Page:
So what makes an automobile market competitive? The purpose of a market economy is to achieve the lowest possible price and the highest possible quality for the consumer, and this is done by increasing the supply of goods as far as is economically possible. As markets become better supplied, a larger portion of demand is fulfilled and, as countless supply and demand graphs show, the price reaches a new, lower equilibrium. For competition, this implies a very peculiar consequence: in order to expand the supply further and still reap profits, industries need to become increasingly productive, and this is achieved by growing bigger and bigger in scale. This creates what, to neoclassical economists, appears to be a paradox: the more competitive a market is, the fewer the number of firms that can continue to produce for it. The equilibrium outcome of this process is that, for consumable goods, only one firm remains to renew the supply at the same rate it is being consumed, or for goods that are durable enough, all firms have exited the market. (The production of real estate would be one case where this is likely to happen.)
In a market economy the existence of only a single firm in a single market is a sign that this market is highly competitive and well supplied, while the existence of multiple firms is a sign that the market is immature and that the marginal value of supplying it is high enough that the least efficient producers can still earn a profit. This is why efforts by governments to “break up monopolies” and increase the number of competitors in a market are anti-competitive. The governments are sustaining producers whose marginal costs are higher by restricting the productivity of the most competitive producer (reducing their scale). The only plausible outcome of such a policy is a lower supply and higher prices of the good. In fact, the government’s anti-monopoly policy is the creation of a monopoly; it limits the right to supply the market only to firms that don’t scale to too large a size.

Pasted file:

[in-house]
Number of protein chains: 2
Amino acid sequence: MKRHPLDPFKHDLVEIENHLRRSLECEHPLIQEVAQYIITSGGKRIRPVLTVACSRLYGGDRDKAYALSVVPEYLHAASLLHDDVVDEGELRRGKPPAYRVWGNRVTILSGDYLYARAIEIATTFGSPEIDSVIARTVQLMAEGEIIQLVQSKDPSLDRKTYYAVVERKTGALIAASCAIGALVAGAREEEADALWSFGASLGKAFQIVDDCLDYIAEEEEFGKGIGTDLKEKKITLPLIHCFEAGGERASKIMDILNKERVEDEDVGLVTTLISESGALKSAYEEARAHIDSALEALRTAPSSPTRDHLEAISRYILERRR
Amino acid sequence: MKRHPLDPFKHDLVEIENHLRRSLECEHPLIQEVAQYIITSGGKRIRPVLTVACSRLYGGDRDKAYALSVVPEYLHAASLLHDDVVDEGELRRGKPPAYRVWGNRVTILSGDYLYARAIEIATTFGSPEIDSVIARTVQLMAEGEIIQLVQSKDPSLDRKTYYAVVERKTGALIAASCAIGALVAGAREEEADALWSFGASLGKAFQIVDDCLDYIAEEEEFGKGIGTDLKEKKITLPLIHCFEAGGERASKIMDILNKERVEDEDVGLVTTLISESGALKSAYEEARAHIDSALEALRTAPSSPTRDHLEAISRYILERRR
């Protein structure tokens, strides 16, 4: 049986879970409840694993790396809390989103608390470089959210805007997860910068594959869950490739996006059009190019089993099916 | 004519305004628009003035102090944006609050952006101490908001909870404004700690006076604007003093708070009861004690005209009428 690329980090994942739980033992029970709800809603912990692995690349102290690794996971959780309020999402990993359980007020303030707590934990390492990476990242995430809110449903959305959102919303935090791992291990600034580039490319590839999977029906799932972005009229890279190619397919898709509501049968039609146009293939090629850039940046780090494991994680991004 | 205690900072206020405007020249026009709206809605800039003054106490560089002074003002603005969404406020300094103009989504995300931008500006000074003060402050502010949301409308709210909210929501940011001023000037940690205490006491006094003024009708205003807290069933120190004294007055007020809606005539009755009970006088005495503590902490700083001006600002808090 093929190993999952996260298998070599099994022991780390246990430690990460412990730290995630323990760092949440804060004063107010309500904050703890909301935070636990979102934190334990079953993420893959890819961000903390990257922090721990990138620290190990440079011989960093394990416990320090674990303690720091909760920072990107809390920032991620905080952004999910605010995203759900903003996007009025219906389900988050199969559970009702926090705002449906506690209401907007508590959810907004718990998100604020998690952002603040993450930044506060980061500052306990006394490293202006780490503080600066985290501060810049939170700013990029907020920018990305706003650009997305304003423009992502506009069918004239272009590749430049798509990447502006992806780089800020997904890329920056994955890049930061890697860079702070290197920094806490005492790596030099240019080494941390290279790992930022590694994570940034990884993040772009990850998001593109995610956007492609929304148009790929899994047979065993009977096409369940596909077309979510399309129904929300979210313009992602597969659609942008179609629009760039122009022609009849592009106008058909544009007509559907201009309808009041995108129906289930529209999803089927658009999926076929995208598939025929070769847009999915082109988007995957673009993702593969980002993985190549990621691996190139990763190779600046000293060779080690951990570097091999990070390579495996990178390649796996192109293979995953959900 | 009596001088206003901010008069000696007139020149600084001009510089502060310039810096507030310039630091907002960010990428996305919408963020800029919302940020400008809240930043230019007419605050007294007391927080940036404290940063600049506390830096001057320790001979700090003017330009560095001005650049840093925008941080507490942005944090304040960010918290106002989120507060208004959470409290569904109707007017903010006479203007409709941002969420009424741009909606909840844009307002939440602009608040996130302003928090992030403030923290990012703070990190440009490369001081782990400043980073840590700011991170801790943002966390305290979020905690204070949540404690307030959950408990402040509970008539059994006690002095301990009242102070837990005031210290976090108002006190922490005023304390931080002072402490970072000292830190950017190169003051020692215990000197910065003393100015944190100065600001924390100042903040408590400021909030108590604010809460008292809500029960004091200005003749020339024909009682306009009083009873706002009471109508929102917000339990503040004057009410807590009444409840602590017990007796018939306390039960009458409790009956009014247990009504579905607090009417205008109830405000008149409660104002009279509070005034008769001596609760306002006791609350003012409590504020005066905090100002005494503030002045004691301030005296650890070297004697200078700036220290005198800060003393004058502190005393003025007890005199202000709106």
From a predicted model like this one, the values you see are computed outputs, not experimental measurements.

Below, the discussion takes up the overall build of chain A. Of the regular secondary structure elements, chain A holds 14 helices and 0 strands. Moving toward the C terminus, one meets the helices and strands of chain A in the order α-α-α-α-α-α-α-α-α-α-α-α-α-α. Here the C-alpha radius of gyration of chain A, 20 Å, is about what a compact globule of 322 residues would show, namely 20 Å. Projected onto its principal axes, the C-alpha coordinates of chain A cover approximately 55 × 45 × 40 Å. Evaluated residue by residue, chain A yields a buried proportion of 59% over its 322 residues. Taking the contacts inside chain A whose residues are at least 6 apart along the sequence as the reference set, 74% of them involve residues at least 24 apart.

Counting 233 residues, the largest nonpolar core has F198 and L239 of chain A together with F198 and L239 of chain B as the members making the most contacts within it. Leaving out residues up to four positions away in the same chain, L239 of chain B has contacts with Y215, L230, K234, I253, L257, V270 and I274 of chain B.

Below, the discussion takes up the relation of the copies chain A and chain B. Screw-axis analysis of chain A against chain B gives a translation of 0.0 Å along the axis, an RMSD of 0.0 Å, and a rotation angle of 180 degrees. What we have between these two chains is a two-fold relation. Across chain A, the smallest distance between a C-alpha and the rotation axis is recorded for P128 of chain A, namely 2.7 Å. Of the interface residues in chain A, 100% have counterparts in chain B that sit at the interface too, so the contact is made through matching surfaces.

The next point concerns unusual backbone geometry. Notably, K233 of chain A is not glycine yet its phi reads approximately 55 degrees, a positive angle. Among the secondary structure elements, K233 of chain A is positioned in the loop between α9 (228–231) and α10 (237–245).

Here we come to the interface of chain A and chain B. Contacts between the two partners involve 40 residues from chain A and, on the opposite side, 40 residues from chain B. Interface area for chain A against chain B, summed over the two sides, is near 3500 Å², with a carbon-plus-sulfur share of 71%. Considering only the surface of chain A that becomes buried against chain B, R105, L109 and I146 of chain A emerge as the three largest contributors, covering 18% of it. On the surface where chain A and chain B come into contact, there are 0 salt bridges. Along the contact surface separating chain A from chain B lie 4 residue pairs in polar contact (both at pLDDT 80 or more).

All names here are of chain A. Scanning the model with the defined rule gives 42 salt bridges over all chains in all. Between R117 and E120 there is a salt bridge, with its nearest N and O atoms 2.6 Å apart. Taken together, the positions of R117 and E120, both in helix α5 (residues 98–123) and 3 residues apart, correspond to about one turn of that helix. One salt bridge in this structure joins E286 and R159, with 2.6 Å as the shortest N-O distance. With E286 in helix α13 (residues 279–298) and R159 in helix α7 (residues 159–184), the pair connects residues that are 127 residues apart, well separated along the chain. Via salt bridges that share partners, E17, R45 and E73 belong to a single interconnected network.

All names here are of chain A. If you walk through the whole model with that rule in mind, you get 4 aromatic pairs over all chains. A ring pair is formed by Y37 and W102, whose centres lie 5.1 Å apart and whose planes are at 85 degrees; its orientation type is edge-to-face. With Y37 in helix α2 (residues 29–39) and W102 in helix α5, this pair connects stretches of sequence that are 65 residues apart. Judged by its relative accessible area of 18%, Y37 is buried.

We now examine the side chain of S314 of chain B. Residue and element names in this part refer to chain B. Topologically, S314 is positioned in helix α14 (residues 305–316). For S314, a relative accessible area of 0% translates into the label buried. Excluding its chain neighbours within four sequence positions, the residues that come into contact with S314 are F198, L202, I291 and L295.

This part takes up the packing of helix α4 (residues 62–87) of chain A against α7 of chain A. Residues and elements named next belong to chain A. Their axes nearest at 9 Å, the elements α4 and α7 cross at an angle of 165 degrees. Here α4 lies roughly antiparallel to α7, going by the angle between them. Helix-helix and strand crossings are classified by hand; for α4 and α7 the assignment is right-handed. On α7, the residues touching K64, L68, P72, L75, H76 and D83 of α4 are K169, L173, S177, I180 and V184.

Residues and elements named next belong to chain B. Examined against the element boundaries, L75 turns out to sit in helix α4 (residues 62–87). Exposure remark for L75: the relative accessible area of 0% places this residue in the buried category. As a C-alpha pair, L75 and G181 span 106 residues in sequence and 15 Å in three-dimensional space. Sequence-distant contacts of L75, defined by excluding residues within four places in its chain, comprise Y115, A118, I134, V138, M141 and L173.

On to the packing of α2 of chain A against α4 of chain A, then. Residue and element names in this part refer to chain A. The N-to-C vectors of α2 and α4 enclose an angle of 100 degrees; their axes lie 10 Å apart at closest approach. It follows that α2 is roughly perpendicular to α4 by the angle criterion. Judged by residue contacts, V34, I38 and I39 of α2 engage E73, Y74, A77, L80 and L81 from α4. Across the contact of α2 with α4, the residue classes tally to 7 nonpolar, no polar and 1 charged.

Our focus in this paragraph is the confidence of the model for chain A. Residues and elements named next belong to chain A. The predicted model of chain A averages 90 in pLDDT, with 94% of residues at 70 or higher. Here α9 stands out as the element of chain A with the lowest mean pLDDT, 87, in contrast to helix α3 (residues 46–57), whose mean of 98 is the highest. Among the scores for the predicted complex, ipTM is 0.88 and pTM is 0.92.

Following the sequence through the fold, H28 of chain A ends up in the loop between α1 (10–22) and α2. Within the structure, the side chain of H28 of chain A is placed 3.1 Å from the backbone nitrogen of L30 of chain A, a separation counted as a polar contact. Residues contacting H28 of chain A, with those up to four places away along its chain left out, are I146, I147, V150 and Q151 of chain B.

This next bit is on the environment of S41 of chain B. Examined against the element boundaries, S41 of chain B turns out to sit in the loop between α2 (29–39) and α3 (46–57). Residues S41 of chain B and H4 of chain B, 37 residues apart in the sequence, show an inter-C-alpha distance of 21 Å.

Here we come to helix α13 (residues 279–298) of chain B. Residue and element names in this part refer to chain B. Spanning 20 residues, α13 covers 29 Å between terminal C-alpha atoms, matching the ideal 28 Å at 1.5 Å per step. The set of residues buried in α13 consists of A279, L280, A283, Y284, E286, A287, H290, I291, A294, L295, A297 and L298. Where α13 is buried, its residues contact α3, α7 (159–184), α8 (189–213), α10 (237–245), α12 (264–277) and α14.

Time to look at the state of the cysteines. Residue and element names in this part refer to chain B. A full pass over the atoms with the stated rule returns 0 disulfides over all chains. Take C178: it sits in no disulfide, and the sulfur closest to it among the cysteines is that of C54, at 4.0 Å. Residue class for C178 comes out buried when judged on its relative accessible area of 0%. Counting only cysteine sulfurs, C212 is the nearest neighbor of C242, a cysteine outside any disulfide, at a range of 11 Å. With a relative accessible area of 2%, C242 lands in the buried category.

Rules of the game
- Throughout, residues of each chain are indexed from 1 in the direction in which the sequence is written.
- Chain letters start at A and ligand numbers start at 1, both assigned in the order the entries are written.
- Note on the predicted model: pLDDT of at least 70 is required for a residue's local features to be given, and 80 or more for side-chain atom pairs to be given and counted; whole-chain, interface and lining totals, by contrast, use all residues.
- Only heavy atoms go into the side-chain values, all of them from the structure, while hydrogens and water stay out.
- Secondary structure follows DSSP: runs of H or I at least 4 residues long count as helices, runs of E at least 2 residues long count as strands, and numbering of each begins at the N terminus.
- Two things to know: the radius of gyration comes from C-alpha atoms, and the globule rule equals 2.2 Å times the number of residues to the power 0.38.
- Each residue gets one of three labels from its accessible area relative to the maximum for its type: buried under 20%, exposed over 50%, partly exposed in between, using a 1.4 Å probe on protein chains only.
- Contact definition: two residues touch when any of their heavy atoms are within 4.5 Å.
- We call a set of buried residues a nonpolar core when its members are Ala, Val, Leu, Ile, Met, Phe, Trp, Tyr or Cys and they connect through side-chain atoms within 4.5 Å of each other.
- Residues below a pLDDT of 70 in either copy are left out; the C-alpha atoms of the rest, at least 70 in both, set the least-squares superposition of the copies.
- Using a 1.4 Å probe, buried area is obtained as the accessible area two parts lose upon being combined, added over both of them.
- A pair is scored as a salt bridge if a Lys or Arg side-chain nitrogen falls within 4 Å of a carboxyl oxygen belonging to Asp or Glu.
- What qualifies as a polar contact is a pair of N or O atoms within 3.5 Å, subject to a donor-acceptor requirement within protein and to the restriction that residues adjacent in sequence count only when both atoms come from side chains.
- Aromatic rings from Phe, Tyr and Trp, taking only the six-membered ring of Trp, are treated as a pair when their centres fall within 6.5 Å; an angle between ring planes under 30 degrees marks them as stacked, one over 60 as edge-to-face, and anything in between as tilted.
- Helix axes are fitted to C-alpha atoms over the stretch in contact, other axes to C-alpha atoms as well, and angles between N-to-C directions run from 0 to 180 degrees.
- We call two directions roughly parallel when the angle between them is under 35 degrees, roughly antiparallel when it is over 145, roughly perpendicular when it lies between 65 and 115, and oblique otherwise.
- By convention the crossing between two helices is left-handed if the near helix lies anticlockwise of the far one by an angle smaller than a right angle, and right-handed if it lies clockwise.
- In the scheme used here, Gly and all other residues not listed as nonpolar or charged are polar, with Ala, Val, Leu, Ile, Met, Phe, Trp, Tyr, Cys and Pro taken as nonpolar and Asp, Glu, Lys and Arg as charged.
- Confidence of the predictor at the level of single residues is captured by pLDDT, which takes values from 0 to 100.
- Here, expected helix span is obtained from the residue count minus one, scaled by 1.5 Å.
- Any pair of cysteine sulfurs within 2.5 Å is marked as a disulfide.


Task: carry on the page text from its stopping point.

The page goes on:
When Vladimir Lenin introduced his New Economic Policy to reduce the chaos that had gripped the Soviet Union, he promised that, although the market economy would apply for small businesses and collectives, the “commanding heights” of the economy, the large-scale industries, would remain the monopoly of the state. Modern anti-monopolism is exactly the same policy, and stems from the same economic error.
It remains difficult for people to imagine that large scale markets such as the market for roads and cities can be competitive markets only because they have an incorrect model of competition not based on supply and demand, but on sheer numbers of producers. For enormous capital goods, so long as there is at least one such good in the market, and it would be too costly to invest in another good compared to its possible benefits, then the market is competitive. So if there is only one road to any place it makes no sense to build another road due to the competitiveness of the market.
When Murray Rothbard asked Ludwig von Mises to define the boundary between a socialist and capitalist country, Mises replied that a country was capitalist if it had a stock market. This implied two aspects: that individual capital owners could pool their capital together to compete in markets that they could never scale for individually, and that these shares could be valued and economized upon to decide whether or not entering such large markets was economically viable. The stock market is the means through which capitalists compete.